A member of my toastmaster’s club recently set me a challenge, deliver a 5-7 minute speech on a topic with just 60 minutes preparation, rather than the typical number of weeks to prepare. The reasoning behind the challenge was to focus more on delivery than content.
To make it a little more challenging it would be evaluated against some speech criteria, the first project from an advanced manual “Speaking to Inform”
The Objectives of this speech are :
- Select new and useful information for presentation to the audience.
- Organize the information for easy understandability and retention.
- Present the information in a way that will help motivate the audience to learn.
The evaluator rang a few days in advance to ask about my interests and said he would provide a choice of 5 topics 60 minutes before the meeting started.
He asked what approach I would take, I replied that I would be taking the approach of using mind mapping as I use this on a daily basis to create ideas for tests in my role as a software tester and had found it useful in the past for developing ideas for speech content.
In simple terms, select 2 of the 5 topics. Then write out each topic on a blank piece of paper, quickly begin to link associated ideas with each topic and from each idea, spawn out more ideas. Whichever topic generated the most ideas, would then be structured into 3 ideas with 3 sub ideas, finally writing the introduction and conclusion.
Additionally, I had recently heard a talk whereby the presenter had mentioned, a really simple approach to presenting, AIM(Audience Intent Message) and hoped to incorporate AIM in my approach.
60 minutes and counting
On the night, I found a quiet corner of a bar in the hotel that hosts our toastmaster’s meetings and eagerly awaited the text message with the topics, at 7 pm my phone buzzed.
“Hi Conor. Good luck tonight. Topic one. Cyber speakers. In an online toastmasters club possible and what would it look like? Topic two. Make the case for hillwalking to be on the primary school PE curriculum. Topic three. Keeping us safe in the world of Big Brother. Topic four. Television and the future of home entertainment. Topic five. Planning the perfect weekend.”
I immediately chose Topic Three and Topic Four and began to mind map both topics on separate pages. After a few minutes, the Topic 3 mindmap(“Keeping us safe in the world of Big Brother”) had so many more ideas than Topic 4 mindmap.
Although before going any further I decided to review how AIM(Audience Intent Message) could help me create better content.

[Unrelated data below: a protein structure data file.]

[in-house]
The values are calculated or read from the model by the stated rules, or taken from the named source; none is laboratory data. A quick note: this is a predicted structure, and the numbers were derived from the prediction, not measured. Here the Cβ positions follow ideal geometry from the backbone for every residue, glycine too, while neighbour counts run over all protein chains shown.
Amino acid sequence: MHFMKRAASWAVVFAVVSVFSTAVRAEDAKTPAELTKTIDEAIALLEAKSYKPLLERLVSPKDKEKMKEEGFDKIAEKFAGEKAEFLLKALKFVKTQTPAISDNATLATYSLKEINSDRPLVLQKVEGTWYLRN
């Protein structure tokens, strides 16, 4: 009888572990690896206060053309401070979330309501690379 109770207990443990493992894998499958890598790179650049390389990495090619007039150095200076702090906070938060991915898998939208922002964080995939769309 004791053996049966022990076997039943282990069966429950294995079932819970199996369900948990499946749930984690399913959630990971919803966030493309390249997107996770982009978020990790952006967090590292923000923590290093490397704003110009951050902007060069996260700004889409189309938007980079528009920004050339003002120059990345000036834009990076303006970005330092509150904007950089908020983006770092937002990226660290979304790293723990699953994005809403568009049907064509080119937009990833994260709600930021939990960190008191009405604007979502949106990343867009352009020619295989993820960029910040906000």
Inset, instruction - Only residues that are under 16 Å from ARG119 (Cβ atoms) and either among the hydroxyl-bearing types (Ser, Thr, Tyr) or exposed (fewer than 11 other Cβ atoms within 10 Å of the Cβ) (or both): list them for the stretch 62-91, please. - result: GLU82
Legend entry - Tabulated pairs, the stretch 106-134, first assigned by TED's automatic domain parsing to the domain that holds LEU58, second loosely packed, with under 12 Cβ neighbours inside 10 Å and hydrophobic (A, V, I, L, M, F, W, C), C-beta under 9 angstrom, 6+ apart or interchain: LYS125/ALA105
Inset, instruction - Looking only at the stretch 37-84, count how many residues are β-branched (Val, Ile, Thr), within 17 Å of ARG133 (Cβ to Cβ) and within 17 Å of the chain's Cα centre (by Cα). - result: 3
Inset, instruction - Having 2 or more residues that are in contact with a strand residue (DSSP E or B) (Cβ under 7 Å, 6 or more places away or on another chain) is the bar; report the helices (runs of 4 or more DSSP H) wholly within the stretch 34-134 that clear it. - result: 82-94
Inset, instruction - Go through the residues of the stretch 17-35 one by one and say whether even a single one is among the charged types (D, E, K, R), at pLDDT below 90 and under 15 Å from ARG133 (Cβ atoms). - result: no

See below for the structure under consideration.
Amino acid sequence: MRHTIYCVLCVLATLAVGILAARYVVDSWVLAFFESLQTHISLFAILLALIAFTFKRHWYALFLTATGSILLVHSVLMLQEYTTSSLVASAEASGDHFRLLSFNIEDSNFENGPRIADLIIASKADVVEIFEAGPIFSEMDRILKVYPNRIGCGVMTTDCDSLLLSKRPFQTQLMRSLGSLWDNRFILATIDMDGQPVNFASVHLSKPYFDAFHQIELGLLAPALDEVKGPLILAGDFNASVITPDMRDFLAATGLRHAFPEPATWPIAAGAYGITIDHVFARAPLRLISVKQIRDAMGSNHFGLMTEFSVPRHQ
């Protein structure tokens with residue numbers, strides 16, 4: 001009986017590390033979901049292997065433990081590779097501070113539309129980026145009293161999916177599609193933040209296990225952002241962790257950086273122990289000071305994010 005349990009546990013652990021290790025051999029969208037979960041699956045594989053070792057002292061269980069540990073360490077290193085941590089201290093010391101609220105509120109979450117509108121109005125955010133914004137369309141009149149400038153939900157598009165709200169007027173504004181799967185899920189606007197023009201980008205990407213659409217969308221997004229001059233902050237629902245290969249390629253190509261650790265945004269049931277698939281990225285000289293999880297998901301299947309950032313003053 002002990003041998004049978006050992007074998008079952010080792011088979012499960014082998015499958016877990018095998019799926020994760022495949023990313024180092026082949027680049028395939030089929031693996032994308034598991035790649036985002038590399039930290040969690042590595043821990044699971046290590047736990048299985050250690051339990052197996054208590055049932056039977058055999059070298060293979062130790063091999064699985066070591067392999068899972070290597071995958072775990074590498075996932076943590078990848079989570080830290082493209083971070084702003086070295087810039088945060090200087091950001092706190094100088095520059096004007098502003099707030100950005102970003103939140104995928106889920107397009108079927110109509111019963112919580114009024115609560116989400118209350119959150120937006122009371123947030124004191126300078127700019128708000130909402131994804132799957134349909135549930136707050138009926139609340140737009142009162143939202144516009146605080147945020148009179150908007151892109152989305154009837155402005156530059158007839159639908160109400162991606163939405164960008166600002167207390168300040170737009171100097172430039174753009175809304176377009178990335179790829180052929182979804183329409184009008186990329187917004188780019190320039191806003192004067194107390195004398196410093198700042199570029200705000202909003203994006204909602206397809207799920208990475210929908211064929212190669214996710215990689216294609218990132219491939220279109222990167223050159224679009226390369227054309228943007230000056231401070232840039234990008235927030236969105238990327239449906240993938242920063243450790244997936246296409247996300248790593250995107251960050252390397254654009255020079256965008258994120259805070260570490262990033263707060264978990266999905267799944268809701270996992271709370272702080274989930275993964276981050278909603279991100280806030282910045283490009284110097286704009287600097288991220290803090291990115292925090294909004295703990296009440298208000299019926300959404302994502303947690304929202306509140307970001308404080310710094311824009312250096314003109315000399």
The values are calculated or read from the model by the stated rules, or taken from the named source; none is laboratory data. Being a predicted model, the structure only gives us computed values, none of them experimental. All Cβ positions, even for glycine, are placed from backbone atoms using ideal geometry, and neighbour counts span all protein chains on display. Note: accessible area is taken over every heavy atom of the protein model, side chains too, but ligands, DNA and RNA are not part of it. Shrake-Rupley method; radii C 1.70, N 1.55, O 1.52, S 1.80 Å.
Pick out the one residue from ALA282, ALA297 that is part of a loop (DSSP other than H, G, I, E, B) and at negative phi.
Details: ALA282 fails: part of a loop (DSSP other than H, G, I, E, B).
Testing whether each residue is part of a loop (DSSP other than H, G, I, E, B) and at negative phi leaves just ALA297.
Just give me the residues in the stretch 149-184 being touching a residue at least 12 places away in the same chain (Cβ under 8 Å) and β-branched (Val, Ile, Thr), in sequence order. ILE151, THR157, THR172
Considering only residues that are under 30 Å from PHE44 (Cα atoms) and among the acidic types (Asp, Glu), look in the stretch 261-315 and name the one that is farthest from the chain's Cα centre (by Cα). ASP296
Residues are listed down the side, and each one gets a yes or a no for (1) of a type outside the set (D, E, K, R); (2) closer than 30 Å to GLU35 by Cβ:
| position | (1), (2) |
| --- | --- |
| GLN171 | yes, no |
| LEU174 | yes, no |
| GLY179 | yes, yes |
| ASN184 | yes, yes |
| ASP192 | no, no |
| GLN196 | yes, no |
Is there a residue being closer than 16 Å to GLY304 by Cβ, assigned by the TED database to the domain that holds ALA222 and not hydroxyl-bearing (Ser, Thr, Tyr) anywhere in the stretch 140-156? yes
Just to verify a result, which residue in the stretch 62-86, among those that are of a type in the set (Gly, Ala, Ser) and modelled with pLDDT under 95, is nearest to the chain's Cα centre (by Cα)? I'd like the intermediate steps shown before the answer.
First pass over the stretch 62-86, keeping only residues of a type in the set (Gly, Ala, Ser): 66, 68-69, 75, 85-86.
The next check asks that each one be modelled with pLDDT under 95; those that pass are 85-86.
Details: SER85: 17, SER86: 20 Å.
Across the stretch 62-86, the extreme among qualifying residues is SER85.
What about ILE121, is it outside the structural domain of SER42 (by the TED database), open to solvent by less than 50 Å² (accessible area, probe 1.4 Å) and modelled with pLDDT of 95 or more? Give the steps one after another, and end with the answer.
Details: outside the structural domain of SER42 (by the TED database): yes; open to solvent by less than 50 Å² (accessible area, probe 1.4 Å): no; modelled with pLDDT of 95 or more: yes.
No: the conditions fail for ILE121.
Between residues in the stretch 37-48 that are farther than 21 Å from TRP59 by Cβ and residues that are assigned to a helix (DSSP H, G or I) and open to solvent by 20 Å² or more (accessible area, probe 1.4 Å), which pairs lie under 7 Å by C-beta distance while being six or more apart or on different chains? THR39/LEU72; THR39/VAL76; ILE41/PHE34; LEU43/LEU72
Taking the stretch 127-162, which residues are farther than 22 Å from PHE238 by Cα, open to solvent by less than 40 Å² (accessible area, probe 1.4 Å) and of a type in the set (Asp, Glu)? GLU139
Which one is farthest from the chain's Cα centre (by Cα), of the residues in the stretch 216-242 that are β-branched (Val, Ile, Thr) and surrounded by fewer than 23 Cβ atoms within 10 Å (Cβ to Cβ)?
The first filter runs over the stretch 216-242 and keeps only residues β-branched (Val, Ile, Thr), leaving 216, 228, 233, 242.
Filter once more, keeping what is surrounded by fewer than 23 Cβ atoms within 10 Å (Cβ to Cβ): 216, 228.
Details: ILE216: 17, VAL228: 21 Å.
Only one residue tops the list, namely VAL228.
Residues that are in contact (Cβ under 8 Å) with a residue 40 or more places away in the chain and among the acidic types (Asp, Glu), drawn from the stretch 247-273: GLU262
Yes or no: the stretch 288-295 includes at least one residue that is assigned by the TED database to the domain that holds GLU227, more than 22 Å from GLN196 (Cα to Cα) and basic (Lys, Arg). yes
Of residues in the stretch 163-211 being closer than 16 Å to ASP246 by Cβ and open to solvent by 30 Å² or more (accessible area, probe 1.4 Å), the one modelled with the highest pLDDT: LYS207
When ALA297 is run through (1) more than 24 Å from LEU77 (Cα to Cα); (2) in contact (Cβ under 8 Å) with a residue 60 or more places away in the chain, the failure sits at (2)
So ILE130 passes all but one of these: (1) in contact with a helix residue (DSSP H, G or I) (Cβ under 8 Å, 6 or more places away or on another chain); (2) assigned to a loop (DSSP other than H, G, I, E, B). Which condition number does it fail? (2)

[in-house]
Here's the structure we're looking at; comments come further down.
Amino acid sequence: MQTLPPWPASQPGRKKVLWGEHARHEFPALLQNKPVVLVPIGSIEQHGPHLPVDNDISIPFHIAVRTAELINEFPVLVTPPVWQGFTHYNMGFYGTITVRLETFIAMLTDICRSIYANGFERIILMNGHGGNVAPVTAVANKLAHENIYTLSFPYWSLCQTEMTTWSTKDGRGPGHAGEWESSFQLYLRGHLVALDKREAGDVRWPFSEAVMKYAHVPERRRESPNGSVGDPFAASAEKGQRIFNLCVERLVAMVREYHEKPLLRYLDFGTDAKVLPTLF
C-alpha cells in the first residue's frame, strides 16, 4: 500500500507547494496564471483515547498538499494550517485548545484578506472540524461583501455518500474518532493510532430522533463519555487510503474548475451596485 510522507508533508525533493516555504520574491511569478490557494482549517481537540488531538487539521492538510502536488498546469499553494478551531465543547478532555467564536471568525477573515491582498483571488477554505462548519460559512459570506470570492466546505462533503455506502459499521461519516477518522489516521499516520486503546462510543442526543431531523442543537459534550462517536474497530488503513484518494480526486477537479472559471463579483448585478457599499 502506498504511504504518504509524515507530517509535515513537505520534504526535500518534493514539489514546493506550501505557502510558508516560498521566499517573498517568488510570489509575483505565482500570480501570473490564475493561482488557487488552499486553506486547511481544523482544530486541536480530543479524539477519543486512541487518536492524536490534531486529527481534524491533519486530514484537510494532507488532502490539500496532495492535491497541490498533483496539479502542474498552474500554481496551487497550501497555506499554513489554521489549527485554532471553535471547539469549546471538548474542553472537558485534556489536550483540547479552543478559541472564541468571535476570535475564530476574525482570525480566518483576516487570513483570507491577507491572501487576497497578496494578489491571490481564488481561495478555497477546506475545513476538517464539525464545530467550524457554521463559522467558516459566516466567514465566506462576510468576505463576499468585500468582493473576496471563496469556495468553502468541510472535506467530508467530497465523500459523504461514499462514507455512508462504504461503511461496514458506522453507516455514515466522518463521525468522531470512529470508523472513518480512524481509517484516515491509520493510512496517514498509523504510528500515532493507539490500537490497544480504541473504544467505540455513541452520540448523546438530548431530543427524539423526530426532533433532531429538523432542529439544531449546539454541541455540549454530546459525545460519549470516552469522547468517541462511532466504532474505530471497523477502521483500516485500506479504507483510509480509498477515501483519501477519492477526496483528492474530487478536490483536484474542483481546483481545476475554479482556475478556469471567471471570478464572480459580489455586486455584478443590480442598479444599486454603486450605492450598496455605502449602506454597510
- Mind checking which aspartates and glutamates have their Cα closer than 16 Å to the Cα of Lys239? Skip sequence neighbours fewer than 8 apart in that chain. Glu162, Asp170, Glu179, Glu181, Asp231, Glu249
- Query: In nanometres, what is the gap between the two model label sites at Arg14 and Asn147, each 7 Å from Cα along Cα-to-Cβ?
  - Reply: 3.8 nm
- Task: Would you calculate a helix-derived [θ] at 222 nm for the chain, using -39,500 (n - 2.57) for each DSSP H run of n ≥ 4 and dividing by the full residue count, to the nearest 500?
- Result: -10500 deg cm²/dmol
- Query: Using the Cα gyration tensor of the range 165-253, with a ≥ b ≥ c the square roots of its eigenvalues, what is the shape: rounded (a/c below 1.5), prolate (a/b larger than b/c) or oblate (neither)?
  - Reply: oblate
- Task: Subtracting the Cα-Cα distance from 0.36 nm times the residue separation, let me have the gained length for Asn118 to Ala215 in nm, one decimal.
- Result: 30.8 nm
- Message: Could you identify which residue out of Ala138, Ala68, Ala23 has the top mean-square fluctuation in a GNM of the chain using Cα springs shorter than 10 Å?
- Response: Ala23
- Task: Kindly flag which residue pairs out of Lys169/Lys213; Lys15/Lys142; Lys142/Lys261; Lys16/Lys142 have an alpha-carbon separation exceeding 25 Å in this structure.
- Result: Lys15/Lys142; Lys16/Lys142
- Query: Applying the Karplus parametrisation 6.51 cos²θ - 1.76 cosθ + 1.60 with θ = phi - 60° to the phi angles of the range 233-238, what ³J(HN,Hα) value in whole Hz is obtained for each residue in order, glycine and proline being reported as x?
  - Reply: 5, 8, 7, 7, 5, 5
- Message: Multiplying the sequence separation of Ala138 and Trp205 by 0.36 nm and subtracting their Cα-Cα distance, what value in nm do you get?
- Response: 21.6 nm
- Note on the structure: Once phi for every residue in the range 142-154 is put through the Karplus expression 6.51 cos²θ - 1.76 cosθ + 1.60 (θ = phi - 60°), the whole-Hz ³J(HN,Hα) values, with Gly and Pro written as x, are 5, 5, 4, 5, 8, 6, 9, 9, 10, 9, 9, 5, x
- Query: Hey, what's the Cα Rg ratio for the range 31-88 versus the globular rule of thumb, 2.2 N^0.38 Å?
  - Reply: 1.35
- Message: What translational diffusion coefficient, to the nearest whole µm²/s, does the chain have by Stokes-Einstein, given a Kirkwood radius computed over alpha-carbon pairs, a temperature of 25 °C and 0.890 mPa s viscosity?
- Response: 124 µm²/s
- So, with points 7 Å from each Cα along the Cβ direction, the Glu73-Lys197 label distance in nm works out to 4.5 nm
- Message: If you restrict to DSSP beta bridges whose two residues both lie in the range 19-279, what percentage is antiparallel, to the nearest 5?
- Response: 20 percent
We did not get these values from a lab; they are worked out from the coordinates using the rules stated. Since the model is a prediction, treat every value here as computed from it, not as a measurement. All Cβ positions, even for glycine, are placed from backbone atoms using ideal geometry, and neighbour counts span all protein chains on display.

Audience: Based on past experience, talks about sport and technology had not resonated with toastmaster audiences. So how could I make this talk relevant to my audience?
Intent: I wanted to inform but wanted to do it in an entertaining manner that would motivate the audience to learn.
Message: I wanted my message to be simple and free of tech jargon.
The theme of the content would be protect against Big brother and/or prevent cyber Crime based on three common experiences when on your phone, online and using their credit card/debit card. For each experience, 3 simple practical tips, for example when online mix your search, social media and email/messaging so as no company should have access to all your online activities. Perhaps if using Facebook for social media don’t use messenger too or if using google for search then don’t use Gmail too.
For the opening, a friend works as data analyst but is paranoid about big brother, so doesn’t have a social media account or a credit card as he doesn’t want any digital trail. For humour I would add that he was one step away from wearing a tin foil hat to shield his brain from threats such as mind reading.
For the conclusion, simply summarize the key tips for each of the 3 experiences and finish with a joke about the tin foil hat, something like if you follow my simple tips then you won’t need a tin foil hat.
From a timing perspective, it felt that the content would comfortably fit with 5-7 minutes if I didn’t linger on any piece of advice for too long. I ran through the simple structure a few times, memorizing it, to allow to present it without notes.
I got into the room a little before 8 pm and took my seat. As the other speakers presented, in my mind, I was running through the structure. My name and speech title was called by the toastmaster and it was showtime.
I presented the speech and spoke for just over 7 minutes, and thoroughly enjoyed the experience.
There were some key benefits of the speech challenge that I felt benefited me as a presenter on the night. Not focusing on content, made me relaxed, help slow down the pace of delivery and engage with the audience more than usual.
I would recommend others to take on a speech challenge such as this one, creating a speech in a tight frame will help you draw on your skills and experience as Toastmaster. For such challenges, Mind Mapping and AIM can help you create content quickly.
This is a personal blog. The opinions expressed here represent my own and not those of my current or previous employers.
Anthony Galvin says
Fascinating account of how to go about the challenge. You rose to it magnificently, and I hope people who read this will try it too.